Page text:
Digital Photography Technical Tips

To take quality photos with a digital camera, you need the correct format, ISO (International Standards Organization) setting, and resolution. Most digital cameras display common symbols for exposure modes and offer basic file formats for creating and saving your digital photos. Taking the photo on the highest setting will maximize both the quality of the image as well as the range of sizes at which you will be able to use it in printing projects.


Formats Defined

Camera Raw: A format offered by some digital cameras. Stores raw, unprocessed data without applying normal adjustments to sharpness, color, and exposure. Gives photographers ultimate control over images and editing flexibility, but files must be converted to a standard format before sharing online, printing, or viewing in most photo programs.

JPEG: The most popular digital photography image format. JPEG compresses images to make files significantly smaller, but too much compression reduces image quality. Used for print, the web, and email.

TIFF: The leading format for files that will be used in print publications such as newsletters and magazines. Preserves all image data but usually results in larger file sizes than JPEG and can’t be displayed by web browsers and email programs.

ISO Settings Defined

ISO (International Standards Organization) Settings: On digital cameras, ISO settings control how sensitive an image sensor is to light. The higher the ISO, the less light you need to capture a photo. Beware: an ISO set too high may result in an image with “noise,” or a speckled defect.

Image Resolution Defined

Pixels: Pictures are made up of little squares called pixels. Pixel stands for PICture ELement.

Megapixel = One million pixels: A megapixel is one million pixels. A camera with a small megapixel rating (say 1 or 2 mp) will produce photos that lack detail. Photos from a 6- or 7-mp camera are generally considered acceptable for large prints.

PPI (Pixels Per Square Inch): The number of pixels per inch in your image. Pixel count is simply multiplying the number of horizontal pixels by the number of vertical pixels. If you do not have enough pixels per inch (ppi) in your image, it will appear blurry. See the chart below for pixel counts needed for quality photos.

Max Print Size Minimum Pixels Needed
4" X 6" 2 megapixels
5" X 7" 3 megapixels
8" X 10" 5 megapixels
11" X 14" 6 megapixels
16" X 20" 8+ megapixels

DPI (Dots Per Square Inch): Color photographs are printed using four inks: cyan (blue), magenta, yellow, and black (CMYK), and four separate dot patterns, one for each ink. Dots per square inch (dpi) refers to printed dots and the space between them. Digital cameras primarily use the RGB (red, green, blue) color space but four-color printing presses use CMYK. So to print on a four-color printing press, all RGB images need to be converted to CMYK. For digital production, RGB is used.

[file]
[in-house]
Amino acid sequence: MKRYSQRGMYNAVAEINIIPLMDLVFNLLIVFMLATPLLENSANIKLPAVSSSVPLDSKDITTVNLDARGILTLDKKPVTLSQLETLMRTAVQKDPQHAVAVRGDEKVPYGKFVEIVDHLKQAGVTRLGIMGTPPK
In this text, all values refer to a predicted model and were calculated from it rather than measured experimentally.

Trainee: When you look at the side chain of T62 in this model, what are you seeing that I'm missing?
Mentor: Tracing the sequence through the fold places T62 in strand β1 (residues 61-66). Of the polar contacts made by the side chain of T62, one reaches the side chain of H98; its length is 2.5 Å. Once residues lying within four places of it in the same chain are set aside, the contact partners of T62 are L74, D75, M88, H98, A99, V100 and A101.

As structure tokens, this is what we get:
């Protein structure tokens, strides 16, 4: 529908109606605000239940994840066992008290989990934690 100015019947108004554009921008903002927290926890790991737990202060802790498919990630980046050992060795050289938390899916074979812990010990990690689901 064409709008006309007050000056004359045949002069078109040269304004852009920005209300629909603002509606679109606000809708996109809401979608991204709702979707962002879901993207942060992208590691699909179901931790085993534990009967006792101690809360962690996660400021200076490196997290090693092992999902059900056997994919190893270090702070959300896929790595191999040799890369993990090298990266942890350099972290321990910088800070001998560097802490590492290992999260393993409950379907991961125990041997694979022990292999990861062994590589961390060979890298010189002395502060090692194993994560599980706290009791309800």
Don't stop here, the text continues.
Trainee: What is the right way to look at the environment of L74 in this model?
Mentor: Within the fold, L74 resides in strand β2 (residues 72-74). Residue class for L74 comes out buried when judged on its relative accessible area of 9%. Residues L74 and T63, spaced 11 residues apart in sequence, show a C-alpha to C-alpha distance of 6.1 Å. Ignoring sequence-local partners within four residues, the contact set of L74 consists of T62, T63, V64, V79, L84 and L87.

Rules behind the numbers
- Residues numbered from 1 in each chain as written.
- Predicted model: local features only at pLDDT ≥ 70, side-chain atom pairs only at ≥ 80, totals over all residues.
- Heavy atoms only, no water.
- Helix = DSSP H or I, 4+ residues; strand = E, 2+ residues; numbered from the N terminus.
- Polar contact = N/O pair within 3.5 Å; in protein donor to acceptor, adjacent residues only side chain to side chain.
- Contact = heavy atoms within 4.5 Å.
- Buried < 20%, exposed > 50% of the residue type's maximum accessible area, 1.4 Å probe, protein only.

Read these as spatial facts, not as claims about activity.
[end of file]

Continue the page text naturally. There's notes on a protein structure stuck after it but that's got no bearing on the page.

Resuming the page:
Frequently Asked Questions

Why Is a 300 dpi Image Needed for Print Publications? When a digital image is prepared for reproduction on a printing press, pixels are converted to dots. Dots have spaces between them. 300 pixels become 150 dots and spaces, so 300 dpi becomes roughly 150 dpi. 150 dpi is the accepted standard for printing photographic quality images. Digital images with a dpi lower than 300 will print as poor quality, jagged, pixelated images.

Why Is a 72 ppi Image Used for Web and Email? A computer monitor outputs at 72 ppi. Using a higher-sized ppi image will not look any better and will take longer to download.

How Do You Determine the Resolution of an Image and How Well It Will Print? The term “image resolution” refers to how many of your image’s pixels will fit inside each inch of paper when printed. Image resolution pertains to printing your image but has nothing to do with how your image appears on your computer screen. This is why images you download off the internet usually appear much larger and of higher quality on your screen than they do when you print them.

Images should have a print resolution of 300 ppi at their final size in the file. Resolution and image size are inversely proportional to each other. In other words, enlarging an image will decrease the resolution, and shrinking an image will increase the resolution. To determine resolution from pixel dimensions, divide pixel width and height by 300 to determine the maximum size at which you will be able to use the image, while maintaining a quality resolution of 300 dpi.

Example:
If an image is 1200 pixels x 1600 pixels, 1200/300 = 4, and 1600/300 = 5.33.
The maximum usable dimension for the image is 4" x 5.33". It will print crisply and clearly at this size or smaller.

To view your pixel count, open the image in:

  • (Mac and PC) Photoshop
  • (Mac) iphoto, Preview
  • (PC) Windows Picture Viewer

Photoshop Example:
Open the image in Photoshop. Go to the Image menu at the top of the screen and choose Image Size, which brings up the Image Size dialog box (see below). The Image Size dialog box is divided into two main sections, Pixel Dimensions at the top and Document Size directly below. The Pixel Dimensions section tells you how many pixels are in the image. The Document Size section with resolution set to 300 tells you how large the image will appear on paper if printed.

Image size window sample